Collapse is a 2009 documentary film directed by Chris Smith which follows former Los Angeles police officer turned independent reporter Michael Ruppert. After the 2001 terrorist attacks, Ruppert became convinced that the US government was complicit in the attacks and began to spread his theories to anyone who would listen. In the film, Smith follows Ruppert as he visits various experts in energy and economics in an effort to prove his theories, while also delving into his own personal struggles with mental health and addiction. Through interviews with public figures, including Noam Chomsky, Ruppert pieces together the evidence that, in his view, condemns the US government of criminal negligence and, more broadly, hints at a much larger global crisis. As the film progresses, Ruppert’s theories become increasingly alarming, as he predicts an impending global collapse of food, energy, and financial systems. The film ultimately serves as a cautionary tale about the consequences of unchecked corporate power and the fragility of our global economic systems.

The Take (2004)

The Take
★★★★
★★★★
3 out of 4 stars

From Avi Lewis, starring Matilde Adorno, Michel Camadessus, Bill Clinton, Gustavo Cordera
Rated Unrated

The Take is a 2004 documentary film directed by Avi Lewis and produced by Naomi Klein. The film focuses on the occupied factory movement in Argentina, in which workers take over and manage factories that have been abandoned by their owners due to financial difficulties. The story centers around a group of workers in Buenos Aires who occupy a closed-down factory and attempt to turn it into a cooperative business. The film follows their struggles as they face obstacles such as government interference, union bureaucracy, and a hostile legal system. At the same time, they come together to build a better future for themselves and their families. The film explores the power of solidarity and collective action in the face of global economic injustice.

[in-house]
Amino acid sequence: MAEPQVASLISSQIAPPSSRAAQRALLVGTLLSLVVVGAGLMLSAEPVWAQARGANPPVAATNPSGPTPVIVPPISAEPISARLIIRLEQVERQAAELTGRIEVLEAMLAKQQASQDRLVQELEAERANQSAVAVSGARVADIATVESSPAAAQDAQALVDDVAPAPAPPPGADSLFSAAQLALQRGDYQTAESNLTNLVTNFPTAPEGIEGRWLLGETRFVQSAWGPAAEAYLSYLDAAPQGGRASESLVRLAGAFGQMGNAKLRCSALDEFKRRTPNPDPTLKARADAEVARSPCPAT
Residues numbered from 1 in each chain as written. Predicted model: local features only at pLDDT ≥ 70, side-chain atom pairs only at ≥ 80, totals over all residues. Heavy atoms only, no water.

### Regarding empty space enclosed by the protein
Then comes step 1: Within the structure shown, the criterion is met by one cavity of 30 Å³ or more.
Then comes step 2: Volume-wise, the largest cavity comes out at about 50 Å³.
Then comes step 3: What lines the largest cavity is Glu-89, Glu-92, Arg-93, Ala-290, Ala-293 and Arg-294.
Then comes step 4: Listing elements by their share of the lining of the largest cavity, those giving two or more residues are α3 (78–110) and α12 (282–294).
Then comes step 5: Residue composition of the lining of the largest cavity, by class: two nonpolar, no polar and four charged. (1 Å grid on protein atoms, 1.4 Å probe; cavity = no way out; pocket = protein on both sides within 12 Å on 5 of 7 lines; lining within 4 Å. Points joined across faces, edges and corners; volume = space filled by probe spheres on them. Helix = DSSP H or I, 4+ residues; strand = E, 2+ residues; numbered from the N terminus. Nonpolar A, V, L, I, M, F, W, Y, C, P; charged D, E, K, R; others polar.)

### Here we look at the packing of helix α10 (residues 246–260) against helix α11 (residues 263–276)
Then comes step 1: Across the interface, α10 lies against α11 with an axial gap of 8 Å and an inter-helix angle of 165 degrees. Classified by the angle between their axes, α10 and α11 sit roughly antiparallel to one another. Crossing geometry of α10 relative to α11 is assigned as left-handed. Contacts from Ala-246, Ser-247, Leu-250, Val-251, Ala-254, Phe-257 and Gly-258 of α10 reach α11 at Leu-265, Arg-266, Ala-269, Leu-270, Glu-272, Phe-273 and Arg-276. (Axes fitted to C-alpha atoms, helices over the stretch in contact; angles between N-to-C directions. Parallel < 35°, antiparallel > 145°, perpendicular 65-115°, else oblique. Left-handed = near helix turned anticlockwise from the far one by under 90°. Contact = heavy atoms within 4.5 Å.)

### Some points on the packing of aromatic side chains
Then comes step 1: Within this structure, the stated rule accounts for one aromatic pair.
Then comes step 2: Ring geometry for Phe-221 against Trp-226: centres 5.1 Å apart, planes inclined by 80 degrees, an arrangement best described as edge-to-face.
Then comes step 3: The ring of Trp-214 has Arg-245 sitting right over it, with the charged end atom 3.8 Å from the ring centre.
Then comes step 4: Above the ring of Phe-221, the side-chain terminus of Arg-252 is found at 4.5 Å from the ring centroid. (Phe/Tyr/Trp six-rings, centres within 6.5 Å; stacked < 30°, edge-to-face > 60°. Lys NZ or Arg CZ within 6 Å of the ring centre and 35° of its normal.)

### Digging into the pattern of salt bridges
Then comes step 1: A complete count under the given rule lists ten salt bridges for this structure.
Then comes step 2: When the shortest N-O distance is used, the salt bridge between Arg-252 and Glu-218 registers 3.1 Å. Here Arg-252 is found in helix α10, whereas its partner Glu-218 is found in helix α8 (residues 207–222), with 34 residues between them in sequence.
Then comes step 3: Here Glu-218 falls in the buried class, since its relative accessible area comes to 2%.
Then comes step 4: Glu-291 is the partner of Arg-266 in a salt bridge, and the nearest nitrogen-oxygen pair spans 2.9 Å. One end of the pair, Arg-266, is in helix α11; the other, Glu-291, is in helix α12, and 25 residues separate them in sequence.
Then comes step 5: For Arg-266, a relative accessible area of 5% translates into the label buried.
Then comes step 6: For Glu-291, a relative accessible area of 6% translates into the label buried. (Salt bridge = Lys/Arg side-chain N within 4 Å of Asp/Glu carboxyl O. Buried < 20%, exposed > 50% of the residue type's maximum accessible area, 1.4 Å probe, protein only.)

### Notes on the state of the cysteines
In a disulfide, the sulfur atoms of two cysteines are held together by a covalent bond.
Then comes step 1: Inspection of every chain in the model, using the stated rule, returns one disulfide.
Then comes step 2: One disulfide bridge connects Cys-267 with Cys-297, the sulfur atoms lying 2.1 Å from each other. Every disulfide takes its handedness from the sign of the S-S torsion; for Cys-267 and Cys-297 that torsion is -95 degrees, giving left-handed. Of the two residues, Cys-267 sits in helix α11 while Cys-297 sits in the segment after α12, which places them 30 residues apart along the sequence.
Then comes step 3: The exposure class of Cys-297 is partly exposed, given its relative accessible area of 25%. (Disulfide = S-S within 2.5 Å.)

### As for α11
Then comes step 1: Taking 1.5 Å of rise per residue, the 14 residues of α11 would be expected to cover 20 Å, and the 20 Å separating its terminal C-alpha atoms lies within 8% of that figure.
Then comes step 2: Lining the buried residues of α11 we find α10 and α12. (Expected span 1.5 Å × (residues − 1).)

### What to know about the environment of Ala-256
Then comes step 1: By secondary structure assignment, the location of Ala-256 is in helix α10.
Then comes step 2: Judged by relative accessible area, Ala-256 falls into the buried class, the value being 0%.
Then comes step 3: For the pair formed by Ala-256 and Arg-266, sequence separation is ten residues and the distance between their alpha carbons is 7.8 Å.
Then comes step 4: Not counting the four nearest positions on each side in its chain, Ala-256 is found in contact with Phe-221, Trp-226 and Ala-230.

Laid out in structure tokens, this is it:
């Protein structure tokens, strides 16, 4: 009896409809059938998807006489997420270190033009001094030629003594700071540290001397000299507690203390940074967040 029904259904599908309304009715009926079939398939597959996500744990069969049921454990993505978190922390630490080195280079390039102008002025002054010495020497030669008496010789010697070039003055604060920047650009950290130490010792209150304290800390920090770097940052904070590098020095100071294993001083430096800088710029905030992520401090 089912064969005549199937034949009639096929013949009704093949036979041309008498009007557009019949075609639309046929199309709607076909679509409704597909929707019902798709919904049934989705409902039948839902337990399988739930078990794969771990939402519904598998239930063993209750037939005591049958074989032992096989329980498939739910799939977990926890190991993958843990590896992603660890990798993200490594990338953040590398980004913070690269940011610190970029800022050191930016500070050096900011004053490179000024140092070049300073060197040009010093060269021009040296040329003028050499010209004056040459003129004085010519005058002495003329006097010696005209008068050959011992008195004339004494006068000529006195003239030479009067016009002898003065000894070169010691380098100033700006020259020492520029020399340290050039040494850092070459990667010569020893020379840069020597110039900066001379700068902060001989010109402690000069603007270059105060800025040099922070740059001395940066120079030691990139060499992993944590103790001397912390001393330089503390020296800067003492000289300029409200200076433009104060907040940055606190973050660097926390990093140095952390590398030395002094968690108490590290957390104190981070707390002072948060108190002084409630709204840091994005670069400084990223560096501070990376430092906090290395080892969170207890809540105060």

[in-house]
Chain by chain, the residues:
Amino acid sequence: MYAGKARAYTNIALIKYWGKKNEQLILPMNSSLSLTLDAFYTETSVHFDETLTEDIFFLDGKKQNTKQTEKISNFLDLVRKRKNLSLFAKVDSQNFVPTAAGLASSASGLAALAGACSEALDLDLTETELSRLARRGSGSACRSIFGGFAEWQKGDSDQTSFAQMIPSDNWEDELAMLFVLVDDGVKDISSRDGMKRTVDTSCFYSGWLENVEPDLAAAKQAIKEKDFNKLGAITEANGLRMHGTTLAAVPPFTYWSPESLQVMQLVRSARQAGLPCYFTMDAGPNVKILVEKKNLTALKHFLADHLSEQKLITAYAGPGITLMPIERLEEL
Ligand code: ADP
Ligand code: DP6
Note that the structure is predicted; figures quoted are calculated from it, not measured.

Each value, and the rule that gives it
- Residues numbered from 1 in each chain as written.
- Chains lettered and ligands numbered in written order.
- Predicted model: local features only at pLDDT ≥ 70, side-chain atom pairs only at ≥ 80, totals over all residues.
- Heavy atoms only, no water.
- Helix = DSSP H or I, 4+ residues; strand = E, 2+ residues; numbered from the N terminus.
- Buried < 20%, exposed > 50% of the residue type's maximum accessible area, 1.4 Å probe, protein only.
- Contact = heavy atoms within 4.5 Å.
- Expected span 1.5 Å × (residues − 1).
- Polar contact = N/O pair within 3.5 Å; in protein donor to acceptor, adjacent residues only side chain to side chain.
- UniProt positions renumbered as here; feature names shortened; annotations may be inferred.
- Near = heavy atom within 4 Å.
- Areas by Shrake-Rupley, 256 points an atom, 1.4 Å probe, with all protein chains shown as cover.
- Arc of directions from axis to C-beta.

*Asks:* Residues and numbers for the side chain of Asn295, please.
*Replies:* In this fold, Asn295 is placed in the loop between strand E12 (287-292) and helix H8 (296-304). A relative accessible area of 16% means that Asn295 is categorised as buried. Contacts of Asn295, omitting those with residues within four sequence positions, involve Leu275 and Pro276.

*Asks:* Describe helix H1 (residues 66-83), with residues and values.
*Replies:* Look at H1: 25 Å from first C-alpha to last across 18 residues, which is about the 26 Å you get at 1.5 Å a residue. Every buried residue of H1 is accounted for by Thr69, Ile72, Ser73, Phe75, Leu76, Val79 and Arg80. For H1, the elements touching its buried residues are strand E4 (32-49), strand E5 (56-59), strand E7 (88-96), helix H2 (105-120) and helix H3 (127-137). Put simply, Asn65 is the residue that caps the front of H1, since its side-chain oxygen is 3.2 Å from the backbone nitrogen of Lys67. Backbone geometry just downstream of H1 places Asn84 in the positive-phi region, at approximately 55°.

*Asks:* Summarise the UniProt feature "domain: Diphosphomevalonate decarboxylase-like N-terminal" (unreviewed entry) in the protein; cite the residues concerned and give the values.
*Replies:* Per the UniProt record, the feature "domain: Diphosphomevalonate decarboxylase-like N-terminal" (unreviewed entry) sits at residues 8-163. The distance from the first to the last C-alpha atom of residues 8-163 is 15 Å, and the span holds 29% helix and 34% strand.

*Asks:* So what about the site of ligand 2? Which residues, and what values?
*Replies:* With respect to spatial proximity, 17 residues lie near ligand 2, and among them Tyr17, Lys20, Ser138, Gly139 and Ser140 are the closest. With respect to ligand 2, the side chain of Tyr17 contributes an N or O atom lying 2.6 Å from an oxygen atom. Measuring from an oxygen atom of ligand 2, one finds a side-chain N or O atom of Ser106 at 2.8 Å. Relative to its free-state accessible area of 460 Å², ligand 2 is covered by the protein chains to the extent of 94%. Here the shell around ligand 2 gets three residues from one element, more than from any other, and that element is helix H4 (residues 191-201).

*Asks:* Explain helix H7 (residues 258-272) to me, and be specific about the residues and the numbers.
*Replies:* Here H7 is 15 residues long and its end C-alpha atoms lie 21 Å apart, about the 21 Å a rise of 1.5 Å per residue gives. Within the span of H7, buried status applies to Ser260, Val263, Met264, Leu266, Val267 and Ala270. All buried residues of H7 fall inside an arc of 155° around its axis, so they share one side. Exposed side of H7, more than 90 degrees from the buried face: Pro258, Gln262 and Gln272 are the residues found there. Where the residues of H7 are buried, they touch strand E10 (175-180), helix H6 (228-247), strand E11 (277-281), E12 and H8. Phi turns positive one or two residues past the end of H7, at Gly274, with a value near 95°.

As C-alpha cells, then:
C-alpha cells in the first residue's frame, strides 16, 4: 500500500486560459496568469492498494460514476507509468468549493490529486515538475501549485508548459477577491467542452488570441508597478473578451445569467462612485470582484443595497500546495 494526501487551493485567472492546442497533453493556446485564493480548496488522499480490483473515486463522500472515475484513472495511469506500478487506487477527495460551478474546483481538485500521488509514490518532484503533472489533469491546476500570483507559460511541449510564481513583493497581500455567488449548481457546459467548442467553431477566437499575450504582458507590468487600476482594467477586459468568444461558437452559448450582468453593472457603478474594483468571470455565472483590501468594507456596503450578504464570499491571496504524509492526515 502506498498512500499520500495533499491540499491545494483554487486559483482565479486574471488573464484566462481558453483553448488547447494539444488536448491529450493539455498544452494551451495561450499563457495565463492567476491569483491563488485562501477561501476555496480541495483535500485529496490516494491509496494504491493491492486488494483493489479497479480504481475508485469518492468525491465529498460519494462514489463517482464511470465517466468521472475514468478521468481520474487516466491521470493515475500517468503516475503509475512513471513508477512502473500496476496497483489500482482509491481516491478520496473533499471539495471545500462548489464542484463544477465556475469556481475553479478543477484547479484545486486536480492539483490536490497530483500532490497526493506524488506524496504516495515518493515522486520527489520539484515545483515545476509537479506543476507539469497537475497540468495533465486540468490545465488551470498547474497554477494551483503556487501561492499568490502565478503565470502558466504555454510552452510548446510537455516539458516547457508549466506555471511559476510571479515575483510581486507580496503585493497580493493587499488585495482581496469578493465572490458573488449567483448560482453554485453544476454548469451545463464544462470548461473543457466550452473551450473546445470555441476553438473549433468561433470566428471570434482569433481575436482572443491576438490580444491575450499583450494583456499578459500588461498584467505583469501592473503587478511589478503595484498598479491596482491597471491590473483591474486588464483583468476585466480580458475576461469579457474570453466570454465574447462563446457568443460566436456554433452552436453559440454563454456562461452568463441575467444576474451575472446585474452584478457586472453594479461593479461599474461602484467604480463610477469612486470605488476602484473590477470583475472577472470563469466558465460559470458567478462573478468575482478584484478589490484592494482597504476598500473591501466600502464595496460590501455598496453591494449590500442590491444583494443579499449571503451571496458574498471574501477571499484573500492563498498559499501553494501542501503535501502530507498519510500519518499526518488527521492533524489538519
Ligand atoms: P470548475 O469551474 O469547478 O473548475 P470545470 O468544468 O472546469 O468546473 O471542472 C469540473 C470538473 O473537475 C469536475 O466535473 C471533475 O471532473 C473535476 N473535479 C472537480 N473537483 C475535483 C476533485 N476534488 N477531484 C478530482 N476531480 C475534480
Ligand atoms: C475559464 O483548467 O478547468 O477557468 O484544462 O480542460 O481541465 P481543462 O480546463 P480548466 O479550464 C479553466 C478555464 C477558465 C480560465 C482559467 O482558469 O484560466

Pump (2014)

Pump
★★★★
★★★★
3 out of 4 stars

From Directors: Joshua Tickell, Rebecca Harrell Tickell, starring Adhemar Altieri, Greg Anderson, Edwin Black, David Blume
Rated PG

Pump is a 2014 documentary film directed by Joshua Tickell and Rebecca Harrell Tickell. The film follows the story of Tickell and his wife, Rebecca Harrell Tickell, as they explore the history and implications of America’s oil habit. In their journey, they travel across the United States and meet with some of the country’s most influential leaders, including former President Jimmy Carter and environmental activist Erin Brockovich. The film examines the current energy crisis, and explores the potential of green fuels, alternative energy sources, and energy efficiency. It also looks at the various effects of our oil dependency, such as air pollution, climate change, and economic disparities. Through interviews and archival footage, the film discusses how America can move away from oil and find energy independence. The filmmakers also discuss the need to create good jobs in the renewable energy sector. Pump highlights the need for a clean energy revolution and stresses the importance of finding environmentally friendly solutions to the world’s energy challenges. The film ultimately serves as an inspiring call to action for everyone to do their part in creating a more sustainable future.